Credit card companies are competing harder than ever for our credit card spend and balances. We’ve all seen the 0% promotional rates, 25,000 point sign-up bonuses, and annual fee waivers from time to time.
Do it right, and there’s tons of hidden value in ambitious credit card offerings. Do it wrong, and you could pay the price for a long time to come. The banks are counting on you making mistakes. In fact, their profit depends on it. Here are a few tricks that will allow you to milk credit card offers for all they’re worth and drive your bank absolutely crazy.
1. Churn, Baby, Churn!
Credit card issuers try to lure customers to new credit cards with big sign-up bonuses. In return for giving you a hefty welcome bonus, which can often times be worth $300 or more, they’re counting on you using the card and spending big for years to come.
Some cardholders have gotten wise and bounce from offer to offer, collecting the bonus points, using the points, then closing the account. Rinse wash repeat from card to card, issuer to issuer. This is a great strategy assuming you’re mindful of a few roadblocks banks have put in the way to prevent the behaviour.
First, some banks make you spend a minimum amount within a given time frame to be eligible to receive the welcome bonus. If a bank makes you spend $1,500 within the first three months to receive the bonus, make sure you can do it by shifting your card spend, without having to spend any more than you otherwise would have spent anyways.
Second, be mindful of the annual fee. If you’re getting a credit card with a $120 annual fee, and it’s only giving $150 in welcome bonus value, the $30 gain may not be worth the trouble. Wait until you find an annual fee waiver offer, or the welcome bonus is significantly greater than the annual fee. Some banks even waive the annual fee if you keep a minimum amount of money in your checking or savings account with them – see if you qualify.
Third, there is a limit to the number of credit cards you can apply for and cancel. Each time you do so, it negatively impacts your credit score for a short period of time. We recommend spreading out your applications (every 90 days or so) to avoid getting declined for “too many recent inquiries.” You don’t necessarily have to cancel your credit card, but you’ll want to do so if the card starts charging an annual fee in the second year, and you have no intention of using it at that point. Stay informed and start familiarizing yourself with which rewards credit cards you have an interest and when those cards typically offer their best deals. Compare credit card offers routinely to get the best deals available.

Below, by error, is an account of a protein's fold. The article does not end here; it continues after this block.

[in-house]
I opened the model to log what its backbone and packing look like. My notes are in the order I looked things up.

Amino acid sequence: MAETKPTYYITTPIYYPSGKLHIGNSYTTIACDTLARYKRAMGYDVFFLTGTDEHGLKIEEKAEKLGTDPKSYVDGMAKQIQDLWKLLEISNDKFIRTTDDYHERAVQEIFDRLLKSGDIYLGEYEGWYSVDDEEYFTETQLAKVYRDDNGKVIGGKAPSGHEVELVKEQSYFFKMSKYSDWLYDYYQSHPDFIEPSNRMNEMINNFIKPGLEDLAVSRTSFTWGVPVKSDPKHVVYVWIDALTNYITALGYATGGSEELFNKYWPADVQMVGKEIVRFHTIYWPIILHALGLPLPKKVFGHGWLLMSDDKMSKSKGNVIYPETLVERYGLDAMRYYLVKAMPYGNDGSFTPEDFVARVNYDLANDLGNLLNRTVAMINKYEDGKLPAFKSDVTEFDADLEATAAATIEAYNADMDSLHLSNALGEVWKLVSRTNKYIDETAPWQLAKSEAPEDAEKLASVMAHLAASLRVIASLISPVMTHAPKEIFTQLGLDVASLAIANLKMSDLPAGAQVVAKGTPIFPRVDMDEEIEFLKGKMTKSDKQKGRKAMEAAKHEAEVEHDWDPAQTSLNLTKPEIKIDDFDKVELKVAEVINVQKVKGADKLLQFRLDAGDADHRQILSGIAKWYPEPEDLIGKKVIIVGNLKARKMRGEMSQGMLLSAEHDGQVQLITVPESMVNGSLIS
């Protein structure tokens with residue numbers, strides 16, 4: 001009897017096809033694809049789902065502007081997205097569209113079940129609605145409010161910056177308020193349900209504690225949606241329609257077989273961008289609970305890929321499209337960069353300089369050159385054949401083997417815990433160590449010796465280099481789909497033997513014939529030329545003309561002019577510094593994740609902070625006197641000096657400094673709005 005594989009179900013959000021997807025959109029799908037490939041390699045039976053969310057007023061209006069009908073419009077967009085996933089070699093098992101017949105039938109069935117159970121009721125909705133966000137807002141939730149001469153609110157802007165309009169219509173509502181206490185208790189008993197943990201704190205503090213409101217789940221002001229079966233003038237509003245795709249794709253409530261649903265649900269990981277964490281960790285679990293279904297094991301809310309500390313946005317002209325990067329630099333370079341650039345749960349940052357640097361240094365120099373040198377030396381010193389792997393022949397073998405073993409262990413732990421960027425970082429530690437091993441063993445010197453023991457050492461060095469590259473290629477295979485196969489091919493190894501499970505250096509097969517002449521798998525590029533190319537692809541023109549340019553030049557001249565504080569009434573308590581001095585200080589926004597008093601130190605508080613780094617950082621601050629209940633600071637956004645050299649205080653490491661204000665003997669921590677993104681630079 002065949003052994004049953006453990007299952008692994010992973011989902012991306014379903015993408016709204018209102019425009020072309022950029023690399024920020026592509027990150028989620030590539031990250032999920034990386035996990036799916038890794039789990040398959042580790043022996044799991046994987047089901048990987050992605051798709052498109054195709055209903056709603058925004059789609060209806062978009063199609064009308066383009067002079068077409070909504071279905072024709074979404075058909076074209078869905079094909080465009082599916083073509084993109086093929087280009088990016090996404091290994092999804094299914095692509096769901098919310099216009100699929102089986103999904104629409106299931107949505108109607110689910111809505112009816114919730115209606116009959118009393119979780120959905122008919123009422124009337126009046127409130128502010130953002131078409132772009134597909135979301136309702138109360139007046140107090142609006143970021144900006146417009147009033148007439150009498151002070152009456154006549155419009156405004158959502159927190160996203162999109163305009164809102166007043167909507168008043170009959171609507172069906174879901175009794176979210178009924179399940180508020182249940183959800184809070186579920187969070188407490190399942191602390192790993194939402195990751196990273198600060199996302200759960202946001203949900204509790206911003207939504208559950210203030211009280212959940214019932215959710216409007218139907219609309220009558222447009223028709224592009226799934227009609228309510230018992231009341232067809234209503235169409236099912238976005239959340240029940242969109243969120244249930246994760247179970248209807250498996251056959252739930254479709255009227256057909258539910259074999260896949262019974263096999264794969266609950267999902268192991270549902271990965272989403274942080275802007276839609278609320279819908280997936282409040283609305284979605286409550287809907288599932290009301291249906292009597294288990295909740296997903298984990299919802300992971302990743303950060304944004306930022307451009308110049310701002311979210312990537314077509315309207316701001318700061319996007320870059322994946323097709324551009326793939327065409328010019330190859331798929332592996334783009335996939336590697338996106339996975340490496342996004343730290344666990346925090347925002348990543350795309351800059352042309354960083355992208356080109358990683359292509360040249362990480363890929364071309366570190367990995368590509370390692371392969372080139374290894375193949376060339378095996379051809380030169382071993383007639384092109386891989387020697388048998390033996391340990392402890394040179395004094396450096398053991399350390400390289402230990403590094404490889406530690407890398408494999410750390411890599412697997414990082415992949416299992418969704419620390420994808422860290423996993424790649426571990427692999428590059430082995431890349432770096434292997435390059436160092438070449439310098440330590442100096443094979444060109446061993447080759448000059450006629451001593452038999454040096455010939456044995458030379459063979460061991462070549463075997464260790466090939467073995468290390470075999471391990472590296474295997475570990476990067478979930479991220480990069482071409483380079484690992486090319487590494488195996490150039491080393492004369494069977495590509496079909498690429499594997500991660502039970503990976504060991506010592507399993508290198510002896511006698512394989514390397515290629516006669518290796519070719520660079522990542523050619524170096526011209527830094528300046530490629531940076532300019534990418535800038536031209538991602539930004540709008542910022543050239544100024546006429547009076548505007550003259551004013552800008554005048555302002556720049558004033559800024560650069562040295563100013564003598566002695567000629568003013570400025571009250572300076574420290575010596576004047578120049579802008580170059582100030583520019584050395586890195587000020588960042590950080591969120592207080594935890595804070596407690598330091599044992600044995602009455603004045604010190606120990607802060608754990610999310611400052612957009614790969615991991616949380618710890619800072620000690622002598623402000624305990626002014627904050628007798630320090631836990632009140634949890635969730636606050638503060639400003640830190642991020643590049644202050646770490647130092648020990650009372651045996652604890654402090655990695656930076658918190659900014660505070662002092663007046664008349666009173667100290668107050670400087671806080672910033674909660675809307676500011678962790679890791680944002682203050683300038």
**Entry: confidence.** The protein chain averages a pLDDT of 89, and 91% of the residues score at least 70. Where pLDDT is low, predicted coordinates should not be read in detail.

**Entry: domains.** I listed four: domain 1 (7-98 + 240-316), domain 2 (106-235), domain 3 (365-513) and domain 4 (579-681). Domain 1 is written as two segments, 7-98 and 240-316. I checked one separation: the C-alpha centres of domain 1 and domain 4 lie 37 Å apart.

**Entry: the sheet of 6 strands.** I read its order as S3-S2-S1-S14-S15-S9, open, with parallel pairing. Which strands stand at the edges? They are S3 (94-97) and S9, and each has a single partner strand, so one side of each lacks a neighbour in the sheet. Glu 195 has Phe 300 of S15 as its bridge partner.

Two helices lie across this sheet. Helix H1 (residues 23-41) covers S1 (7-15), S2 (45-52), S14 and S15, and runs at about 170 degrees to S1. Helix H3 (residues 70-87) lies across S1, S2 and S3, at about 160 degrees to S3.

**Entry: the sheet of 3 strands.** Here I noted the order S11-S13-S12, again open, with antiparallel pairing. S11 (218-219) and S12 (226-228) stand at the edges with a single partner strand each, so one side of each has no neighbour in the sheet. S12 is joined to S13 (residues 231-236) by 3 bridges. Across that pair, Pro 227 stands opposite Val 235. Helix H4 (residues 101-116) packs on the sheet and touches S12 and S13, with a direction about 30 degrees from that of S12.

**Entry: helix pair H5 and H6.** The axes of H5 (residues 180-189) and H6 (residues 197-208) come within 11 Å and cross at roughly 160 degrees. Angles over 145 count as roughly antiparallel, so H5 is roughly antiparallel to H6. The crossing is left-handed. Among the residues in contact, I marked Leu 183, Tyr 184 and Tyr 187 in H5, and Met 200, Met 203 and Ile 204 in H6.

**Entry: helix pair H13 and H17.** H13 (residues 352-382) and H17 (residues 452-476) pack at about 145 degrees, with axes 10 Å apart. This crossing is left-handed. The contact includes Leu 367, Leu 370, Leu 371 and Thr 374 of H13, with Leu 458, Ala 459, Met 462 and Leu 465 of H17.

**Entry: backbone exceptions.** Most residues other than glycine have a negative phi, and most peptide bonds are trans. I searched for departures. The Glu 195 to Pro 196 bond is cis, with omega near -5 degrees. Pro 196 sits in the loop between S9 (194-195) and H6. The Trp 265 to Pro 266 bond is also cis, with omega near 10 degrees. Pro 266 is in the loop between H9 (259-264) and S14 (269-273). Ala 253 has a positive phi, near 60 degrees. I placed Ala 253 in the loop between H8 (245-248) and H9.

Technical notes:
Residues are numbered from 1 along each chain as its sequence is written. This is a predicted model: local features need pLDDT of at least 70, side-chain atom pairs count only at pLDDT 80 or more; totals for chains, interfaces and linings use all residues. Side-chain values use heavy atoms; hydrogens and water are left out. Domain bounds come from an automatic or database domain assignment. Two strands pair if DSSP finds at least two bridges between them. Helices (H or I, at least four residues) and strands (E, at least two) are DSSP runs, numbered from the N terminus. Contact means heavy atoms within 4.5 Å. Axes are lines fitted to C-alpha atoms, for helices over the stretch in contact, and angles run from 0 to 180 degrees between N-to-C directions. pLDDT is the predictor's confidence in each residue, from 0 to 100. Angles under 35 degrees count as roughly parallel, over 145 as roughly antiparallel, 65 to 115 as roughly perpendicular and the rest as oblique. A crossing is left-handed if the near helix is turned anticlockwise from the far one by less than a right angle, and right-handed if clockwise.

2. Pre-Authorized Debit for Your Credit Card
Did you know that even if you pay the credit card minimum payment you won’t be eligible for the grace period if you don’t your balnce in full? You’re not alone if you didn’t. Did you know that if you’re late for a credit card payment, you’ll not only lose your promotional rate, but you’ll be charged interest at the regular rate for the entire time period since you made your initial purchase?
If you want to take away any chance that you’ll ever pay interest on your credit card ever again, there’s a simple rule to follow and it’s full proof. Follow the bank beating Golden Rule: use pre-authorized debits to pay your credit card balance in full on your payment due date. You’ll never be late, carry a balance or be charged interest.
Banks dislike pre-authroized payments on credit cards so much, some still require you to mail or fax the application in, trying to make it as cumbersome as possible.
3. Rate Surfing
If you’re not able to pay down your credit card balance we recommend one of three interest rate reducing strategies.
First, see if you can find a 0% balance transfer offer for 12 months. This will give you time to start paying down your balance without paying any interest.
Second, see if you can pay off your credit card balance with a cheaper home equity line of credit (HELOC). Many heloc’s charge interest rates comparable to your mortgage rate, which are at historical lows. Paying 2.5%-4% on your credit card will be a lot better than 19.99%. We put it as the second best option after balance transfers, because nothing beats a 0% offer and because we prefer unsecured debt, if rates are equivalent.
Lastly, if you don’t have a mortgage, see if you can get a low interest rate credit card at 9.99% to 11.99%. While still not cheap credit, it’s a hell of a lot better than 19.99%! Sometimes, if you call and ask your bank for a lower rate, they’ll give you one on your existing card, avoiding the hassle of having to get yet another card.
All in all, there are a number of proven bank beating strategies to choose from to get more bang for your buck. Just stay disciplined, and always remember the Golden Rule: use pre-authorized debit to pay your credit card balance in full every month.